Previously, we looked at fund operating costs.
Today we shall quickly review fund performance data.
As we have covered investment return considerations a while back, we shall keep this brief.
Total Returns not Change in Net Asset Value
Always use total return when calculating or assessing fund performance.
Total return reflects the period change in the net asset value of the fund plus any income or capital distributions made to shareholders during the period.
It is important not to forget distributions or your results may seem poor.
Annualized not Cumulative Returns
When reviewing returns for periods greater than one year, the performance figures should be on an annualized, not cumulative, basis.
Annualized returns allow for better comparisons between periods.
Net not Gross Returns
Know what is included in the performance data you analyze.
When assessing fund performance, make sure that you review net returns and not gross.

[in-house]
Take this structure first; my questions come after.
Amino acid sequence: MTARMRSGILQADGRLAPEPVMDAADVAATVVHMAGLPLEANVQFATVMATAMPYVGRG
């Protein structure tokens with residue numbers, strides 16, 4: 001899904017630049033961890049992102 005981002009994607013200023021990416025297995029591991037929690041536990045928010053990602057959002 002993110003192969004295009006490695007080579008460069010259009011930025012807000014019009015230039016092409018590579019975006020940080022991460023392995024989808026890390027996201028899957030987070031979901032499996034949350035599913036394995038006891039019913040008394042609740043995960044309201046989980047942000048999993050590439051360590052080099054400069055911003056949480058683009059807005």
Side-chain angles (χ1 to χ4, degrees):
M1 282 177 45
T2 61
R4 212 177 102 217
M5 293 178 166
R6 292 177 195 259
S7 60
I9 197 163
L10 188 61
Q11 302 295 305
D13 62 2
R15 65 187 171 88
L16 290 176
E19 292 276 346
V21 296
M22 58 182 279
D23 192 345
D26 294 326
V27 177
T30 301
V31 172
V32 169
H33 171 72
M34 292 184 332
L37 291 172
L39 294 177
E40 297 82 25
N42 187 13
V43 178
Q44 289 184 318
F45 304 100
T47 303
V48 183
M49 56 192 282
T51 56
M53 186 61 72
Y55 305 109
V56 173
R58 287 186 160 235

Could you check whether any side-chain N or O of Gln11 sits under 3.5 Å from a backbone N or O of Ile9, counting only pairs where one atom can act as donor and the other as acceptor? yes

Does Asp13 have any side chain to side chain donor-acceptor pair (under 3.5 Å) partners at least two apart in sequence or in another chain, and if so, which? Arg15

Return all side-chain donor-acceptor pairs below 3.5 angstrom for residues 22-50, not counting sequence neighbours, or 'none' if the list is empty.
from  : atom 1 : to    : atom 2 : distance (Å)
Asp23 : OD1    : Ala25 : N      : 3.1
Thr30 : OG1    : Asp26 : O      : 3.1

Net returns are those that factor in fund total expenses when determining performance. As every dollar of expense negatively impacts your own return, you want to ensure that all the costs are factored in to the return calculation.
There is a trend to ensure that net returns are reported, but there are still some differences between regulatory jurisdictions in reporting requirements.
My Fund’s 5 Year Annualized Return was 11%
A fund’s performance is important when assessing potential investments and monitoring existing ones.
But knowing a fund’s return in isolation does not provide much information content.
If my fund returned 11% annually over 5 years, is that good?
Maybe. Maybe not.
To determine the answer we always need to put returns into proper context.
We shall consider relative performance in our next post.